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Mar
21
reviewed Edit suggested edit on sha-256 tag wiki
Mar
21
revised sha-256 wiki description
brief explanation of how SHA-256 fits in the SHA-2 family
Mar
21
reviewed Approve suggested edit on sha-512 tag wiki excerpt
Mar
21
reviewed Edit suggested edit on sha-512 tag wiki
Mar
21
revised sha-512 wiki description
brief explanation of how SHA-512 fits in the SHA-2 family
Mar
21
comment Soundness idea of basic zero knowledge prood
@tylo: yeah, I did replace |G| with n-1, and I ought to have at least noted why. The protocol was written as a MODP group; it wasn't specified that n was prime; however since it assumes the prover knows |G|, that means that the factorization of n is known.
Mar
21
comment Soundness idea of basic zero knowledge prood
Most ZKP's I've seen allow a 0.5 probability per round of accepting a false statement; that is consistent with your "any even challenge to result in acceptance".
Mar
20
revised Proving a decision was randomly made
added 25 characters in body
Mar
20
answered Proving a decision was randomly made
Mar
20
revised Proving a decision was randomly made
edited tags
Mar
20
comment Soundness idea of basic zero knowledge prood
@DavidCash: no, I am saying that there are statements for which no ZKPoK exists, and one such statement is $\exists x: g^x = h$ (at least, we don't think so; if either the DLP and factorization problem is easier than we think, the above statement may be trivial). There does exist a ZKPoK proof that "I know such a value $x$", however that's not the statement that was originally claimed.
Mar
20
answered Soundness idea of basic zero knowledge prood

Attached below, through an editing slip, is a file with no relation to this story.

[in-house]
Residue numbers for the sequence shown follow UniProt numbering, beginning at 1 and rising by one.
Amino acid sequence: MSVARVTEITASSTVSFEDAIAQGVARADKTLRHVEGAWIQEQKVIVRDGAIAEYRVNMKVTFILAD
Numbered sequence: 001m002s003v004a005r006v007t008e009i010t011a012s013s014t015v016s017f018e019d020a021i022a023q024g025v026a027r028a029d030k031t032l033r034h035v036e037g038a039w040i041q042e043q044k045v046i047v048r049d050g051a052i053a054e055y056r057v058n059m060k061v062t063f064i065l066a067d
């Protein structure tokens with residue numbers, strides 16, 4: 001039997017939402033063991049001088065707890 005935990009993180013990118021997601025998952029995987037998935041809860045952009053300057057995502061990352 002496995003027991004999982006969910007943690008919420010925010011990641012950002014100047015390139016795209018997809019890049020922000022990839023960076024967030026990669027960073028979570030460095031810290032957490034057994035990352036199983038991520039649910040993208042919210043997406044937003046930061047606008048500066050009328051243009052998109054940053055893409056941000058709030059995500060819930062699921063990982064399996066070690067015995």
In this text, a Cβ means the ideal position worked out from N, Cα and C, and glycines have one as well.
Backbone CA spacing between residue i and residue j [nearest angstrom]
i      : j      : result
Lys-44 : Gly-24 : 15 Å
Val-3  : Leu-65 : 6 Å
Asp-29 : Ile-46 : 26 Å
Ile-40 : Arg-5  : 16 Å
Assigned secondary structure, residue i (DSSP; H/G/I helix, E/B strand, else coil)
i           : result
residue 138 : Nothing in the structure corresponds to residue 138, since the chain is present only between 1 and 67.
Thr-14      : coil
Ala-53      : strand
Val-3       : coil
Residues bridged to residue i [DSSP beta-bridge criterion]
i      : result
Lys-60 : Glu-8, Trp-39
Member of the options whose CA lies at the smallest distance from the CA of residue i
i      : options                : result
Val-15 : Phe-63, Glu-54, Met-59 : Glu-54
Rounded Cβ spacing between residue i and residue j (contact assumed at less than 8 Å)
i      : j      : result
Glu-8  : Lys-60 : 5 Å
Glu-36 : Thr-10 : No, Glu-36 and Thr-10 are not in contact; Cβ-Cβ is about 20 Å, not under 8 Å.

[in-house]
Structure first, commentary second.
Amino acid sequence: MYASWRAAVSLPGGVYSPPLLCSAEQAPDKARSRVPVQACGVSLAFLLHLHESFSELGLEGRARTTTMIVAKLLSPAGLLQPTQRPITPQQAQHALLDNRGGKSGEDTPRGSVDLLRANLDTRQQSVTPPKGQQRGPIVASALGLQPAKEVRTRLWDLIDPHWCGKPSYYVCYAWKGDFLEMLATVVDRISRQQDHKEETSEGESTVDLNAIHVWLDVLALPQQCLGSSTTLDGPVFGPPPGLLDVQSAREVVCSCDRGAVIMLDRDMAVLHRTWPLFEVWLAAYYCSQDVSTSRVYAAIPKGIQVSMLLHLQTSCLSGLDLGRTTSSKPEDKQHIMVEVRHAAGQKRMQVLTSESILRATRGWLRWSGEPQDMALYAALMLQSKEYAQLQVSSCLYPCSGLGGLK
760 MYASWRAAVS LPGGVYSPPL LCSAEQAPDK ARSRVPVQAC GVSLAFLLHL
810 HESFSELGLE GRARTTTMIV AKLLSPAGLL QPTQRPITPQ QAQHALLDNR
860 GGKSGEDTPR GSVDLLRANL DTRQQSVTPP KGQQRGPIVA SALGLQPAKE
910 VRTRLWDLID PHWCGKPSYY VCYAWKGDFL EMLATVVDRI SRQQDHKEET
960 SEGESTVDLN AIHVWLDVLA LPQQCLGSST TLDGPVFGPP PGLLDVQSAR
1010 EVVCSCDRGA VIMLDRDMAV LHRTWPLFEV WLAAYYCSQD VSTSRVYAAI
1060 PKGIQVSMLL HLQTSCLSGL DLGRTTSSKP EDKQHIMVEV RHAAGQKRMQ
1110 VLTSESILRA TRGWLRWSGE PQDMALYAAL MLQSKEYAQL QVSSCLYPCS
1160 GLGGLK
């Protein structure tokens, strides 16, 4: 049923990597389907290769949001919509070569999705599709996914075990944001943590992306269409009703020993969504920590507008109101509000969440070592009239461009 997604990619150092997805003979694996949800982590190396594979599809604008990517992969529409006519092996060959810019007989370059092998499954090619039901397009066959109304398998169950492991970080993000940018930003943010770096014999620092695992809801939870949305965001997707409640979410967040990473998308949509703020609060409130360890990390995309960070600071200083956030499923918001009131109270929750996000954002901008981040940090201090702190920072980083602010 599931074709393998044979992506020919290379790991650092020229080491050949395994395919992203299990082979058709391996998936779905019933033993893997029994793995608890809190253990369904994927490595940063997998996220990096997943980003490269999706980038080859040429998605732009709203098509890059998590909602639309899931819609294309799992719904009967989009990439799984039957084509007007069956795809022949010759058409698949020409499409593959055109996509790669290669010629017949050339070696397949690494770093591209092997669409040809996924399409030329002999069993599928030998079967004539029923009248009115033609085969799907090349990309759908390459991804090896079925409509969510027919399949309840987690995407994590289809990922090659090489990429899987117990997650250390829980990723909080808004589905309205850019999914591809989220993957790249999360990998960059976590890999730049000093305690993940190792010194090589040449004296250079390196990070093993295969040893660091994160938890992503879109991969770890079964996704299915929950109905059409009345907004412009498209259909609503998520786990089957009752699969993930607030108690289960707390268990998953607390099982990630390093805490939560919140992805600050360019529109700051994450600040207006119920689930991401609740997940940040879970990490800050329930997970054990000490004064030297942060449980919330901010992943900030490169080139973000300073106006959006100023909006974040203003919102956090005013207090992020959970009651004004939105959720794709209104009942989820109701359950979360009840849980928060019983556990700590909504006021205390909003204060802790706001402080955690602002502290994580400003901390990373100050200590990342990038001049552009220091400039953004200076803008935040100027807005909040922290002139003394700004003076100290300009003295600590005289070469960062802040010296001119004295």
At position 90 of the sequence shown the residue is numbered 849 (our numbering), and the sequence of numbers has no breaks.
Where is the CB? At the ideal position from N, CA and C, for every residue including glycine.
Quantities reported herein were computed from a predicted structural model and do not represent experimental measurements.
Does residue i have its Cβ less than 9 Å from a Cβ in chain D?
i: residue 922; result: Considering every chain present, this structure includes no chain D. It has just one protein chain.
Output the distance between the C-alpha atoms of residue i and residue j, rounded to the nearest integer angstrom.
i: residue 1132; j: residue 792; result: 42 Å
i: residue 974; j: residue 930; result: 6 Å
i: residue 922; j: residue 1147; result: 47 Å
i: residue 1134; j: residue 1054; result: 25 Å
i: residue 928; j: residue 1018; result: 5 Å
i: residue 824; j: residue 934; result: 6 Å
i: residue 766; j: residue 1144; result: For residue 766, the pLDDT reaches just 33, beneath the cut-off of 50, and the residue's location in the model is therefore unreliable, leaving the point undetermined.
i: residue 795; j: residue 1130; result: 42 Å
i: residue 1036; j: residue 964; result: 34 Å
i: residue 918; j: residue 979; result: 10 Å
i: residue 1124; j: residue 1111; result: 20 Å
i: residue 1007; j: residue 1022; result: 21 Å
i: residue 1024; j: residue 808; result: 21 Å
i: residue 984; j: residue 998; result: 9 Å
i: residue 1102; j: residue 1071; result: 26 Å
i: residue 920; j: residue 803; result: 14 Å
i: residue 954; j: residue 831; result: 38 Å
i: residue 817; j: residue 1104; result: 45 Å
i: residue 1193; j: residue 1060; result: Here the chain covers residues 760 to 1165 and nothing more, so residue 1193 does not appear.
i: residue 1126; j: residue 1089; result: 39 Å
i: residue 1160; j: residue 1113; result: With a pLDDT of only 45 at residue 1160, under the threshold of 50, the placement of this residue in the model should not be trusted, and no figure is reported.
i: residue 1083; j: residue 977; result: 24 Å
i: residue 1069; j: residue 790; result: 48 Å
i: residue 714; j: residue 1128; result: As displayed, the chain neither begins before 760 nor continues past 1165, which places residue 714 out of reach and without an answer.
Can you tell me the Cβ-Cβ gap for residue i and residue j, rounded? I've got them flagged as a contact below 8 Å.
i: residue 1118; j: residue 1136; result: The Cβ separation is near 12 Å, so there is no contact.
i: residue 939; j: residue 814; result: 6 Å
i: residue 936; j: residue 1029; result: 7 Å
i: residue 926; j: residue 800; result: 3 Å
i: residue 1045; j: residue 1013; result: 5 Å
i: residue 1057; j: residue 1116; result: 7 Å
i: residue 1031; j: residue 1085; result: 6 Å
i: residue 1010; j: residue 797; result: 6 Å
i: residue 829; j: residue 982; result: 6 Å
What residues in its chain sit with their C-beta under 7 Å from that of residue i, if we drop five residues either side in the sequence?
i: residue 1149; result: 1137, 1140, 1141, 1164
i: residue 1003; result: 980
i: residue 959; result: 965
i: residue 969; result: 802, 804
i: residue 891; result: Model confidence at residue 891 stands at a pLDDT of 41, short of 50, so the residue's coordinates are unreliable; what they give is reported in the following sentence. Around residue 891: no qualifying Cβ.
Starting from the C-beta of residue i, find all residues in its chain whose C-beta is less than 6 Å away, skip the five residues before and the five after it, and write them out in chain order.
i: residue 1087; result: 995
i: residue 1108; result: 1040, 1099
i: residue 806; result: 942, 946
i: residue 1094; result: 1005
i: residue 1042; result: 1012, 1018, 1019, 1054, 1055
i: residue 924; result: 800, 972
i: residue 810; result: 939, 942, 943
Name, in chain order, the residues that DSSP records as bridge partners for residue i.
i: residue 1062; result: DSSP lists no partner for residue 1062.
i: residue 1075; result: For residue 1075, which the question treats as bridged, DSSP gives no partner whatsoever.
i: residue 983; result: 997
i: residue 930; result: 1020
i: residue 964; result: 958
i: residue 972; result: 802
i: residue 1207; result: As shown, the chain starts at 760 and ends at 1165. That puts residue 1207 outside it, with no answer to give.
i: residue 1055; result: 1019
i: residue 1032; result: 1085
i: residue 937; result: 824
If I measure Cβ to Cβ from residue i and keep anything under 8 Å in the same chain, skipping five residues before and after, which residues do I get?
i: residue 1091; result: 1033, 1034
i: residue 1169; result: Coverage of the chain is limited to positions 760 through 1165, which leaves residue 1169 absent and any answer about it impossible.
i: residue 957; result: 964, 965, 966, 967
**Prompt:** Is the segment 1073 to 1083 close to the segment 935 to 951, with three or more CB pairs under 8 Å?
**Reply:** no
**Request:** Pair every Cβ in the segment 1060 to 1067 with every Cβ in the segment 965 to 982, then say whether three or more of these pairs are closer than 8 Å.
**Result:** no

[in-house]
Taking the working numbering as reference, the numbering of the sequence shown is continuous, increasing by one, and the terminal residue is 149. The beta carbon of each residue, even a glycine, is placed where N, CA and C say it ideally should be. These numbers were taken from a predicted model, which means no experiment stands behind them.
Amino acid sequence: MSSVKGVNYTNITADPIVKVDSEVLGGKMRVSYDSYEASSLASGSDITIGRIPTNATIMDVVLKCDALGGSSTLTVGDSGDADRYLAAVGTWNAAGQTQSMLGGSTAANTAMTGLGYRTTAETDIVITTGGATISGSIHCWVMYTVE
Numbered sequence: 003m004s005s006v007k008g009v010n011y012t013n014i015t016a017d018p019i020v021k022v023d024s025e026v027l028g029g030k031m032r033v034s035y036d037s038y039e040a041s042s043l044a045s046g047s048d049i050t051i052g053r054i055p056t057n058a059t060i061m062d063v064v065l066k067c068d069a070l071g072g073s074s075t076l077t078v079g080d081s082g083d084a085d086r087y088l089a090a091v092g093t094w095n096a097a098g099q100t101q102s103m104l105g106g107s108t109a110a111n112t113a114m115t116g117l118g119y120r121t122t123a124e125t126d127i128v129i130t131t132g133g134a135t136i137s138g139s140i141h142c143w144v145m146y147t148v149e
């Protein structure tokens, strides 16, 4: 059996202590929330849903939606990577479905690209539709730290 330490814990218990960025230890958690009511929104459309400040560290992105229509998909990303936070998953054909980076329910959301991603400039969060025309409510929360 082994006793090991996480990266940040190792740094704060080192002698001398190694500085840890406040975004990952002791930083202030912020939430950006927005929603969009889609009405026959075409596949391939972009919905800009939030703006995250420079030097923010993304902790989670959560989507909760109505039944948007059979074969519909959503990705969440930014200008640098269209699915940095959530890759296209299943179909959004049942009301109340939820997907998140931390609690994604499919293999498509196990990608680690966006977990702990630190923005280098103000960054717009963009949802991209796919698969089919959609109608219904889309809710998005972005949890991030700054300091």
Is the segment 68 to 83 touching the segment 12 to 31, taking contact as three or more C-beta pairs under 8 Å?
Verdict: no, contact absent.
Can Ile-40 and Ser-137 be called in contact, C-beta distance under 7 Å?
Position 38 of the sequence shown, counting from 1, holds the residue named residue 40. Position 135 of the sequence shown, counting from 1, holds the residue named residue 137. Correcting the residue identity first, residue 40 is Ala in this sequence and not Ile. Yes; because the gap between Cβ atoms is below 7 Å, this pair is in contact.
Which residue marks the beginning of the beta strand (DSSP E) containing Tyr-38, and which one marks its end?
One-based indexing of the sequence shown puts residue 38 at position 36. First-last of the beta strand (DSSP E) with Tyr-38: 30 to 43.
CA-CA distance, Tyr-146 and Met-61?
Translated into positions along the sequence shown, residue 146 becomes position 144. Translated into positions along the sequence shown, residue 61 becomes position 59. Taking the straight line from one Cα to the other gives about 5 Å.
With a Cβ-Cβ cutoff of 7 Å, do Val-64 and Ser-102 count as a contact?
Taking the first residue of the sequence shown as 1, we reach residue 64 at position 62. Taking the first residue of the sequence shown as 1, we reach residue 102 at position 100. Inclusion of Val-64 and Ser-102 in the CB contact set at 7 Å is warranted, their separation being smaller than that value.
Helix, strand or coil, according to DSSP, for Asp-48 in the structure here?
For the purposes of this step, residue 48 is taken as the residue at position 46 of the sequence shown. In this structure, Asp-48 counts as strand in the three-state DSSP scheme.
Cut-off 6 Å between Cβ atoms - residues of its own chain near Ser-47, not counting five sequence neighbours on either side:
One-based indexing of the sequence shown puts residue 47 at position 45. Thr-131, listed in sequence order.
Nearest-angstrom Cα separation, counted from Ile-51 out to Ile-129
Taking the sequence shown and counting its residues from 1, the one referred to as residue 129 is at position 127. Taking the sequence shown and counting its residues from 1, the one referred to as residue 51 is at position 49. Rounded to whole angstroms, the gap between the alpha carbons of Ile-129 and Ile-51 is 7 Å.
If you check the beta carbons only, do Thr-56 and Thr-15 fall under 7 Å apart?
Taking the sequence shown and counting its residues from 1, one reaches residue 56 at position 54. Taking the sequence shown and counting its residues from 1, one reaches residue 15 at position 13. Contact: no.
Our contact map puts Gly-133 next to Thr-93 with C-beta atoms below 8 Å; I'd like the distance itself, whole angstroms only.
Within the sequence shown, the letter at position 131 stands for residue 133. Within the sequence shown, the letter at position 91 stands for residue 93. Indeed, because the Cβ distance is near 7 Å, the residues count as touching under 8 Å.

Mar
20
comment Soundness idea of basic zero knowledge prood
Zero knowledge proofs do not insist that a challenge be accepted only if the proposition being proved is true; in fact, they require that someone be able to generate a valid-looking transcript even if the proposition was false.
Mar
20
comment Is the term “Elliptic Curve Discrete Logarithm Problem” a misnomer?
@PGodbole: actually, we are being precise; ECDLP means the problem "given the EC points $G$, and $nG$, find $n$", and nothing else. What it is not is consistent; we talk about the elliptic curve operation as analogous to "addition" everywhere except for ECDLP.
Mar
19
comment Public-key based on roots of polynomial
With an infinite field, $P(x)$ may not be expressible in a fixed number of bits (or, depending on the field, even a bounded number of bits). That puts rather a crimp in the cryptographical applications.
Mar
19
comment Public-key based on roots of polynomial
Actually, it is easy to compute the roots of a polynomial $P(x)$ defined over a finite field.
Mar
18
revised Is the term “Elliptic Curve Discrete Logarithm Problem” a misnomer?
added 19 characters in body
Mar
18
revised Is the term “Elliptic Curve Discrete Logarithm Problem” a misnomer?
Minor corrections
Mar
18
answered Is the term “Elliptic Curve Discrete Logarithm Problem” a misnomer?
Mar
17
revised Meet in the middle attack - message and key
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